The International Geological Congress (IGC) was held in Brisbane from 5 to 10 August and there were lots of sessions on coal and energy. The IGC is held every four years and takes the flavor of the city and host country. Without a doubt the mining culture of Australia permeated the congress with the end result of some of the best coal and petroleum presentations I’ve seen in a long while. I presented two papers:
Moore, T.A., Nas, C., “Update on the character, resource and activity of Indonesian coalbed methane”
Moore, T.A., Moore, C.R. and Wang, X., “The CBM explorationist’s toolbox: Quick uncertainty characterization for GIP and gas flow”
There has only been a few papers published on Indonesian coalbed methane and thus the summary I gave used primary data collected while consulting. Because of the nature of the data, the exact locations are confidential. Nevertheless I discussed how there are essentially three primary target basins, two in Kalimantan (the Barito and the Kutai) and one on Sumatra (South Sumatra). Stratigraphically, all CBM potential is contained within Tertiary age seams. Gas contents vary from less than 1 to over 13 m3/ton. Gas saturations are generally good, especially below 400 m; permeability data is less abundant and reliable but in general is encouraging.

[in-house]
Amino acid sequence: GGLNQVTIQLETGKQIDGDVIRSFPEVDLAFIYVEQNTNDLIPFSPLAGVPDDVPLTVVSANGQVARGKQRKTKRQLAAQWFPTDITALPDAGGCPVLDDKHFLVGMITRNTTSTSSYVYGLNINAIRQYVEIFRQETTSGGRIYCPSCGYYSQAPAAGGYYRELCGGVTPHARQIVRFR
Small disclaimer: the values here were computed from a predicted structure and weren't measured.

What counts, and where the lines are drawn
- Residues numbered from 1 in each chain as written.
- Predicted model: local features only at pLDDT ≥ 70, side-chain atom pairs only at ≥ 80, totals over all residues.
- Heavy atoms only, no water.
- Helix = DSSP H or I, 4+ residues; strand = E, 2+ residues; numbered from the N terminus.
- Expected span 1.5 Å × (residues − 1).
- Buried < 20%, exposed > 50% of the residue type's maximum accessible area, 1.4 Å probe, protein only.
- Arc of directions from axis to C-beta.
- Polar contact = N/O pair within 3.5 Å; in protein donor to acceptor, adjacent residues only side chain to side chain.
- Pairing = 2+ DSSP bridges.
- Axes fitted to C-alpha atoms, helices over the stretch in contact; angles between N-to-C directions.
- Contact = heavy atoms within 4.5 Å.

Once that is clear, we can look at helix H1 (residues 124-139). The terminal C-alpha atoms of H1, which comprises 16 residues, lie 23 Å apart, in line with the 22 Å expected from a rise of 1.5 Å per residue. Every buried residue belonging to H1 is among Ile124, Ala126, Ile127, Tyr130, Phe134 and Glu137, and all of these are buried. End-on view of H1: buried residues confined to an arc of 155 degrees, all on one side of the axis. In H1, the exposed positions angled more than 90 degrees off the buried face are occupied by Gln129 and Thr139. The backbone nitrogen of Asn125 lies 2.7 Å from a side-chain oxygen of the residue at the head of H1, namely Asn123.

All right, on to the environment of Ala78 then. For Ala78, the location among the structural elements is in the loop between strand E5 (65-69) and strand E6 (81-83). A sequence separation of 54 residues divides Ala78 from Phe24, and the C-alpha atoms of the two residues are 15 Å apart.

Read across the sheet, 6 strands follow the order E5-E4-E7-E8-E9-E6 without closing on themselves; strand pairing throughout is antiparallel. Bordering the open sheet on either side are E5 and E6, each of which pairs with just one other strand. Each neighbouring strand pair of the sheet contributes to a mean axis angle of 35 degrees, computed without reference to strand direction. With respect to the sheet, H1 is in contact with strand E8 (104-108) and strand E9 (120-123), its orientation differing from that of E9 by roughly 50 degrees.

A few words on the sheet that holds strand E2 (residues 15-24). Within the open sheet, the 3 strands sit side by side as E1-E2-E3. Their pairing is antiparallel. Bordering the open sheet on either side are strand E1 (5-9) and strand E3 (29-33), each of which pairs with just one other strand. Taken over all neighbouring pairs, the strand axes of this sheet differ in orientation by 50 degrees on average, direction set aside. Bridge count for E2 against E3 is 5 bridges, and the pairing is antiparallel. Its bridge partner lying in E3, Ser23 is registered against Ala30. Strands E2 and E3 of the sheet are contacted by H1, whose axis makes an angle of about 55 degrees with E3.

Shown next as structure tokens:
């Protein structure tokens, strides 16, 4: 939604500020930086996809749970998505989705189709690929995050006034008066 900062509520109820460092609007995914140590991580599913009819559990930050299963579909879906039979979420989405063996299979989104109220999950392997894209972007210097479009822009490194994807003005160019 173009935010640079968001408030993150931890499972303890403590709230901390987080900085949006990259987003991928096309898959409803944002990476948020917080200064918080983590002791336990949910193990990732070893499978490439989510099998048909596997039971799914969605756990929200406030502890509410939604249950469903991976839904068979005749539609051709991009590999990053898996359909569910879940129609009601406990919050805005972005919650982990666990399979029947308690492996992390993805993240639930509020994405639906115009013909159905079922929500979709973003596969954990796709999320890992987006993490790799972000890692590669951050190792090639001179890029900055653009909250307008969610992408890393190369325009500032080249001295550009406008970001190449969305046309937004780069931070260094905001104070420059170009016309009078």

The uncertainty characterization talk focused on how to get quick, and relatively reliable, estimates for gas in-place (GIP) and gas flow that is commiserate with the level of knowledge of an area. In most green field CBM exploration permits there is very little knowledge of the amount of gas and/or how quickly over time that gas can be produced. Thus, a statistically valid method of identifying and communicating the level of uncertainty is crucial in the commercial assessment of these deposits. The method of assessment for GIP has previously been published in Moore et al. (2009) and Moore and Friederich (2010) (and I can pass these on to any interested party).